As a long-time fan, it’s hard to believe that this band has been going for nearly 30 years. The list of bluegrass greats that have cycled through Lonesome River Band during that time rivals the star-making power of Doyle Lawson’s outfit. Luminaries like Ronnie Bowman, Dan Tyminski, Adam Steffey, Don Rigsby and Kenny Smith all came to prominence with LRB. In addition, journeyman artists (future stars?) like Jeff Parker, Darrell Webb, Shannon Slaughter and current River Band guitarist Brandon Rickman also thank the band for their first big break.
Several other well-known musicians did some time with them, like Steve Dilling, Barry Berrier, Ron Stewart and Rickie Simpkins. And we can’t leave out Tim Austin, a founding member of the group, who defined their driving rhythm sound on guitar until he left the group to focus on recording.
That’s quite a resume, and it gives each successive edition of Lonesome River Band a lot to live up to. But rest assured that the 2010 line up is more than up to the task. Sammy Shelor remains on banjo – the lone survivor of the 1990s bands that redefined modern bluegrass. He is on everyone’s list of the most influential stylists in banjo today, doing as much in his way to reshape the way the banjo is played these days as anyone else out there.
I recall a discussion at IBMA about 6 years ago with Matt Glaser, master fiddler and former chair of the String Department at the Berklee School of Music. I ran into him mere moments after he caught Sammy and LRB on stage, and he was obviously both impressed and excited, offering the sort of effusive praise that is rare coming from musicians as skilled and experienced as Glaser.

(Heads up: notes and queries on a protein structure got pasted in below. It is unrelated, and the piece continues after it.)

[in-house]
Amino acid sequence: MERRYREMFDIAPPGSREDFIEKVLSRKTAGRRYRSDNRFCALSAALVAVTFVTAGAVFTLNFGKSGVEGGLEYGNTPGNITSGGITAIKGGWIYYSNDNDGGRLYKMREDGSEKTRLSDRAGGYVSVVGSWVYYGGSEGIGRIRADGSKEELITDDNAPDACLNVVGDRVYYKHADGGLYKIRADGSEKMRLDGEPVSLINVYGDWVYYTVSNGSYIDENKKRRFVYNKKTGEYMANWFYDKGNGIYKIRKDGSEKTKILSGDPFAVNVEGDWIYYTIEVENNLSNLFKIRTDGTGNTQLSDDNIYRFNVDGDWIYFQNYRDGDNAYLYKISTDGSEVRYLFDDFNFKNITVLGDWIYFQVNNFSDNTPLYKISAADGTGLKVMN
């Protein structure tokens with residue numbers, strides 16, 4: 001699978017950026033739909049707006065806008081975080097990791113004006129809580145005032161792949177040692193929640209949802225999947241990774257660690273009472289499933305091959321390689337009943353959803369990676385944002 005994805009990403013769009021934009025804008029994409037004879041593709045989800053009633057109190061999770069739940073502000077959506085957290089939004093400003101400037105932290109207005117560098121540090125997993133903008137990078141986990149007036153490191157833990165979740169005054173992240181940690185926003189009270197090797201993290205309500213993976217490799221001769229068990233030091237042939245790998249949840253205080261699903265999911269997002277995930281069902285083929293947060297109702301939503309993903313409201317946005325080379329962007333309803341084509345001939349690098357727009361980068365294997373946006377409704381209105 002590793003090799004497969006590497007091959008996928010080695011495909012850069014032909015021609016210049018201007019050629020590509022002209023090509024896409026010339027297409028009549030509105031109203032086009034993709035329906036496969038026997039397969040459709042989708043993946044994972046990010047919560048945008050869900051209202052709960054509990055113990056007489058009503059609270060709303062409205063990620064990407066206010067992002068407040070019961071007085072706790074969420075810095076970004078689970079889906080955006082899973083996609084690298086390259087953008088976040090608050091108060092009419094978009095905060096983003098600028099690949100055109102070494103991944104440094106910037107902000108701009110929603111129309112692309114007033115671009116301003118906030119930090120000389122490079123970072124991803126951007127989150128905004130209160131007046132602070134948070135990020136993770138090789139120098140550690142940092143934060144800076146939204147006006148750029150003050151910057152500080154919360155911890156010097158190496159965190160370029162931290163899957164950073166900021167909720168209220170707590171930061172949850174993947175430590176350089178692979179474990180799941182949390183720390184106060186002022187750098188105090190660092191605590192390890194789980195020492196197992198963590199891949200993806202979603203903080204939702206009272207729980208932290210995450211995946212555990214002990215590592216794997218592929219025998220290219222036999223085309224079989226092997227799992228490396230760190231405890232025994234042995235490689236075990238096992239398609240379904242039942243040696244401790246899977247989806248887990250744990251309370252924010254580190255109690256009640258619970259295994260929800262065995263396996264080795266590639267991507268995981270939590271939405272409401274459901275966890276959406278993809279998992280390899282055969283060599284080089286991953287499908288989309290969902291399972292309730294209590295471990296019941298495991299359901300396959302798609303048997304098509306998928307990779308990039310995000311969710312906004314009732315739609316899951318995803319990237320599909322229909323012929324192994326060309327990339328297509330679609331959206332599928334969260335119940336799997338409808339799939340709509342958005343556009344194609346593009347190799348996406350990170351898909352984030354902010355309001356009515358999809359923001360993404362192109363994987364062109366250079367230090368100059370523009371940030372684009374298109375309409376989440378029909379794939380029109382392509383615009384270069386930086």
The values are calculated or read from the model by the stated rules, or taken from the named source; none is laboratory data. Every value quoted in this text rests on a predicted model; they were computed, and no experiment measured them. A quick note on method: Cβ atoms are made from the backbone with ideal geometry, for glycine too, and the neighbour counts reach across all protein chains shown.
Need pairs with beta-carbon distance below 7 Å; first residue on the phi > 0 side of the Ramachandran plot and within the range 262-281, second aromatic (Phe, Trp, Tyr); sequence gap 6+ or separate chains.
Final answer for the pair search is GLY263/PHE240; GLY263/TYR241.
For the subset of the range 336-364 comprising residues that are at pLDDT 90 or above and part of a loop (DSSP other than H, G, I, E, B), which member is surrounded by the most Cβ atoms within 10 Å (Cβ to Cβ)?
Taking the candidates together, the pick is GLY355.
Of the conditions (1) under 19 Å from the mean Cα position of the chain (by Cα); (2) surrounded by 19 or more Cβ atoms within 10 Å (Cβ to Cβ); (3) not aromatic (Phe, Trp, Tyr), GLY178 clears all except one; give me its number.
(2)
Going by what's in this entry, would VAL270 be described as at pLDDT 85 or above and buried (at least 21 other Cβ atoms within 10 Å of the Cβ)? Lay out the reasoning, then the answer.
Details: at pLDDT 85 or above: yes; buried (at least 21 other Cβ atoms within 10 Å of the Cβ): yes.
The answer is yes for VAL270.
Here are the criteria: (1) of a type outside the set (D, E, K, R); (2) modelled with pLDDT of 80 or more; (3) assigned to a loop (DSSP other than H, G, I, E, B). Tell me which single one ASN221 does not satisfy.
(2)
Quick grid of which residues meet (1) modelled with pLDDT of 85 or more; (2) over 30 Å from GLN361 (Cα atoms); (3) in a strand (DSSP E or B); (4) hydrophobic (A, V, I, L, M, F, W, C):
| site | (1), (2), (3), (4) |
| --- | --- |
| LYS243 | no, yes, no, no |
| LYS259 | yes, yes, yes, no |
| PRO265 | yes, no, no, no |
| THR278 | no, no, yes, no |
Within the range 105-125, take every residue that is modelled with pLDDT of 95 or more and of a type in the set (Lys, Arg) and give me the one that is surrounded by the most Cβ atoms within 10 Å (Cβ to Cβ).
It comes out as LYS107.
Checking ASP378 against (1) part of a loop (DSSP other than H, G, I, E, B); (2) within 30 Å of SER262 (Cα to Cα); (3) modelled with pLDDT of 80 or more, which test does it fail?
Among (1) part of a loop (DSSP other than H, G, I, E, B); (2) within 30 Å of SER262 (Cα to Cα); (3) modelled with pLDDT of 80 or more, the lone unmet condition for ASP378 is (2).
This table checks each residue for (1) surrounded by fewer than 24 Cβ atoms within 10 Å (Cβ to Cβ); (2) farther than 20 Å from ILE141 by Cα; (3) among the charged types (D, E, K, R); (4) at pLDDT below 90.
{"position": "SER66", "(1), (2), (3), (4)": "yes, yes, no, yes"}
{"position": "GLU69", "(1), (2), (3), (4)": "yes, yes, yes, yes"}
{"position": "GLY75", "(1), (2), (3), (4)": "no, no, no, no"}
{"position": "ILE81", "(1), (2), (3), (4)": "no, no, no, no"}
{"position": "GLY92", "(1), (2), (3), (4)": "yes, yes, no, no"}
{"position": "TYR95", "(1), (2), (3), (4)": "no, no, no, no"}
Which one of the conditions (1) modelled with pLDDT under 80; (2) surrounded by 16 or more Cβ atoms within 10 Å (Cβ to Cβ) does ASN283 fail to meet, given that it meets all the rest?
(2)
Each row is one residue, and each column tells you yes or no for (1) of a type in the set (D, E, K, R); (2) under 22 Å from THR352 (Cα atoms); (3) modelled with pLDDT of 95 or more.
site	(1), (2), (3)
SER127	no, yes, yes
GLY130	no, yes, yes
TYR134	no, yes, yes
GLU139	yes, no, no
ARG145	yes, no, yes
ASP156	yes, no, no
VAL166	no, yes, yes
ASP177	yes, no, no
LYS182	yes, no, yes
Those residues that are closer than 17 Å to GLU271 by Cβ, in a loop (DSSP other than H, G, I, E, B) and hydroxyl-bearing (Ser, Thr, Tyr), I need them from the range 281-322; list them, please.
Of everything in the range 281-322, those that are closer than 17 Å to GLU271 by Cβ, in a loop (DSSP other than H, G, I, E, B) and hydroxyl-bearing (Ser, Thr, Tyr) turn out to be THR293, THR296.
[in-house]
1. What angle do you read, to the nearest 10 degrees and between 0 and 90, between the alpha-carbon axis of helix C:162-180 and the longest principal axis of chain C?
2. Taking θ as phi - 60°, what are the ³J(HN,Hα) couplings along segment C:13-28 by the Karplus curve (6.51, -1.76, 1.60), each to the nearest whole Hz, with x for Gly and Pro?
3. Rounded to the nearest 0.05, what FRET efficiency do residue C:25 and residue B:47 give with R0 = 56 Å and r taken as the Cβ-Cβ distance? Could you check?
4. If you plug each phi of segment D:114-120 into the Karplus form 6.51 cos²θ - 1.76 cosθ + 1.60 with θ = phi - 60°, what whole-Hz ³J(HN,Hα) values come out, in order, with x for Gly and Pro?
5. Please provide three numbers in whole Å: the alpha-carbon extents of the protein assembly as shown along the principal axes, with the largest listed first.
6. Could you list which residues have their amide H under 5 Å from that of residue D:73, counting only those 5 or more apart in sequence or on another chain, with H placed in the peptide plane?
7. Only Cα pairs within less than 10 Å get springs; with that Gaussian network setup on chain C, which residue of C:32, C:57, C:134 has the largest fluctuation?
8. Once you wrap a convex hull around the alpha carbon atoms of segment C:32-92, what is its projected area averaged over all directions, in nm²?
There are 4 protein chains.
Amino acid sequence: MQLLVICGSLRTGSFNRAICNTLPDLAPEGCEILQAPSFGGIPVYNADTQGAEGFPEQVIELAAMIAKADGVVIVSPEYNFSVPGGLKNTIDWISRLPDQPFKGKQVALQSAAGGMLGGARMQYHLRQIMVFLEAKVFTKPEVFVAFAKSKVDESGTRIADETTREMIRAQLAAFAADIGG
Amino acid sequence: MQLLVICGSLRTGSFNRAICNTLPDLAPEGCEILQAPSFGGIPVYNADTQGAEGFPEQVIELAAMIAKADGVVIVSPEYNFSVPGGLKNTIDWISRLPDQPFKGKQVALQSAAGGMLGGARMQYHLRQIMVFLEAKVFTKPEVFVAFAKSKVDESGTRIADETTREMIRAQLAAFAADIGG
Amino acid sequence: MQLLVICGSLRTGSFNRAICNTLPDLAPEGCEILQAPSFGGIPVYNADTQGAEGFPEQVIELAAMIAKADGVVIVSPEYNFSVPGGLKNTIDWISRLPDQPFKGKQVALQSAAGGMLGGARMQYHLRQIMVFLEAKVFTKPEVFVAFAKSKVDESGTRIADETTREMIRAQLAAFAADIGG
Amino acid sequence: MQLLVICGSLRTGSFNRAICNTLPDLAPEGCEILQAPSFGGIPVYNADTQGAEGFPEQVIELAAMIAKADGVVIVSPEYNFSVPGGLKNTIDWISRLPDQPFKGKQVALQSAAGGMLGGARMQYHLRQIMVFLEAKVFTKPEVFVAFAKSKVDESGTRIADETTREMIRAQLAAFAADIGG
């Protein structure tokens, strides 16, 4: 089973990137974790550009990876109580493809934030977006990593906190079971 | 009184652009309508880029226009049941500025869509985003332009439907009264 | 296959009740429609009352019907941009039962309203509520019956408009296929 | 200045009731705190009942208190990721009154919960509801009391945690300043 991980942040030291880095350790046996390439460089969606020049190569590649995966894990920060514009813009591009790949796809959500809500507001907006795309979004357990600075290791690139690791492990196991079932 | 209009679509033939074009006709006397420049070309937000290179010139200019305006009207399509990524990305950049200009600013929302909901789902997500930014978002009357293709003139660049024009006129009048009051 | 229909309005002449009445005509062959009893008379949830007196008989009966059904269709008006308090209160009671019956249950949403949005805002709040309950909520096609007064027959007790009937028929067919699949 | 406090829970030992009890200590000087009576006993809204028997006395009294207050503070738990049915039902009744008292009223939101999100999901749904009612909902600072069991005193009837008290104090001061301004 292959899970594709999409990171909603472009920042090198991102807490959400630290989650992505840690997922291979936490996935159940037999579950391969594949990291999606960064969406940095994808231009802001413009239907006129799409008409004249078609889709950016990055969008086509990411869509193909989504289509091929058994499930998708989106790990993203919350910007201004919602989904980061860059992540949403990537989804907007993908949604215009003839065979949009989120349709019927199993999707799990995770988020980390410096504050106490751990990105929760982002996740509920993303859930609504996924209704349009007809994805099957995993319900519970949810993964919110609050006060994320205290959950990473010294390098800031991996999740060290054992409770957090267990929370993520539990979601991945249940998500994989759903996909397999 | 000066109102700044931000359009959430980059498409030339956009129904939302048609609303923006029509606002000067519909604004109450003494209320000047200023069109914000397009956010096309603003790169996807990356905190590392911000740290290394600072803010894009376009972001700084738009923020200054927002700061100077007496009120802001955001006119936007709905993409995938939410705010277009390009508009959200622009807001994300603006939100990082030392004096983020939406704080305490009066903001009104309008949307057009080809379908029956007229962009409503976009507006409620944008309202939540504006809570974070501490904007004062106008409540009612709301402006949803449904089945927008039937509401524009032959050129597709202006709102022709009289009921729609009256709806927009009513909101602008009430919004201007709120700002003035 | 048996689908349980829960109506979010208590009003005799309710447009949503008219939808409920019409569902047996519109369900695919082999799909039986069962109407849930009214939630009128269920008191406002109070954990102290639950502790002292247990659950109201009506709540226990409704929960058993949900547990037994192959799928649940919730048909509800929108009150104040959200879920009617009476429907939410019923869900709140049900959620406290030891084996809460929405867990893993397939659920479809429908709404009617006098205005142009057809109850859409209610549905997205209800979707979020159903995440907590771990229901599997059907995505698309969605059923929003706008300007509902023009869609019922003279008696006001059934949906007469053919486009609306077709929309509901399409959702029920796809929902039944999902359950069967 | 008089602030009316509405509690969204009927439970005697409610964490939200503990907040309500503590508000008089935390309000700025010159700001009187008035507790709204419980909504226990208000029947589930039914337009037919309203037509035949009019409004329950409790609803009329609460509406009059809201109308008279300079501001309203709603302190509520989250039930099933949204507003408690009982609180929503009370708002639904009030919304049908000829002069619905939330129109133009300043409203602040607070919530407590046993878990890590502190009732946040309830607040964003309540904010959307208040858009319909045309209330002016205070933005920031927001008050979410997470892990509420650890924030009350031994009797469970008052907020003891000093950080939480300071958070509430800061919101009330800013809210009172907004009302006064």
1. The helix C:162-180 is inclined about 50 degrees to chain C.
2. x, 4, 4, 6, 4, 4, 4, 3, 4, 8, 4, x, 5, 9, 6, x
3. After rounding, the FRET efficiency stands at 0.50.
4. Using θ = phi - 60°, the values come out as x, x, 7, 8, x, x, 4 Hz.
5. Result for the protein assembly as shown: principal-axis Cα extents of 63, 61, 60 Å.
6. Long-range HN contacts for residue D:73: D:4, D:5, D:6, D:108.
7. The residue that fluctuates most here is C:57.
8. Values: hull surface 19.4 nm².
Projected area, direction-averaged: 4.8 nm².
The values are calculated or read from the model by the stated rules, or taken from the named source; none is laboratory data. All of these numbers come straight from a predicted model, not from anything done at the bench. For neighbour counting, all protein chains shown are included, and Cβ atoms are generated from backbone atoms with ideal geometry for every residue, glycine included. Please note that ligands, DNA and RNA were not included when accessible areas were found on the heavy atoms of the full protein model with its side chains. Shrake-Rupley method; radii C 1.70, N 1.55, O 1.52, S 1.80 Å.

I won’t try to quote him from memory, but the gist of his remarks centered around Sammy’s ability to “push the beat” – staying just ahead of the rhythm section, but without speeding up. Matt was dumbfounded by the rhythmic mastery Shelor displayed – and how he maintained this tension without letting go for an entire song. I recall him saying something like “Now I get it,” referring to the high praise of Sammy he had heard from others.
Joining Shelor in the current LRB are the same four guys who cut the previous release, No Turning Back, a model of consistency in the band’s recent history. The previously mentioned Brandon Rickman in on guitar, Andy Ball is on mandolin, Mike Hartgrove on fiddle and Mike Anglin on bass. Rickman and Ball take turns singing lead vocals, another LRB trademark since the Bowman/Tyminski days.
But no amount of history and experience can make an album by itself. You need great material for a successful recording, and these guys have found plenty for Still Learning. There are a number of originals from Rickman, and some fine new bluesy bluegrass songs from contemporary writers like Ashby Frank and Daniel Salyer.
Rickman and Jerry Salley wrote the “almost title” track, a self-reflective song called I’m Still Learning.
Another strong cut is Andy Ball’s reworking of the Mel Tillis song, Goodbye Wheeling, a Top 20 hit in 1967.
They also snagged one from Merle Haggard, his 1979 classic Red Bandana.
But my favorite may be Don’t Cry Blue, a lovely song by Malcolm McKinney which was on folk/pop singer Jonathan Edward’s debut album in 1971.
Sometimes legendary bands like LRB becomes victims of their own success. Once you reach the 30 year mark, fans may think of you more as an institution than a contemporary touring act. Still Learning shows just how to be both.
This is a terrific record, by a terrific band. Check it out online.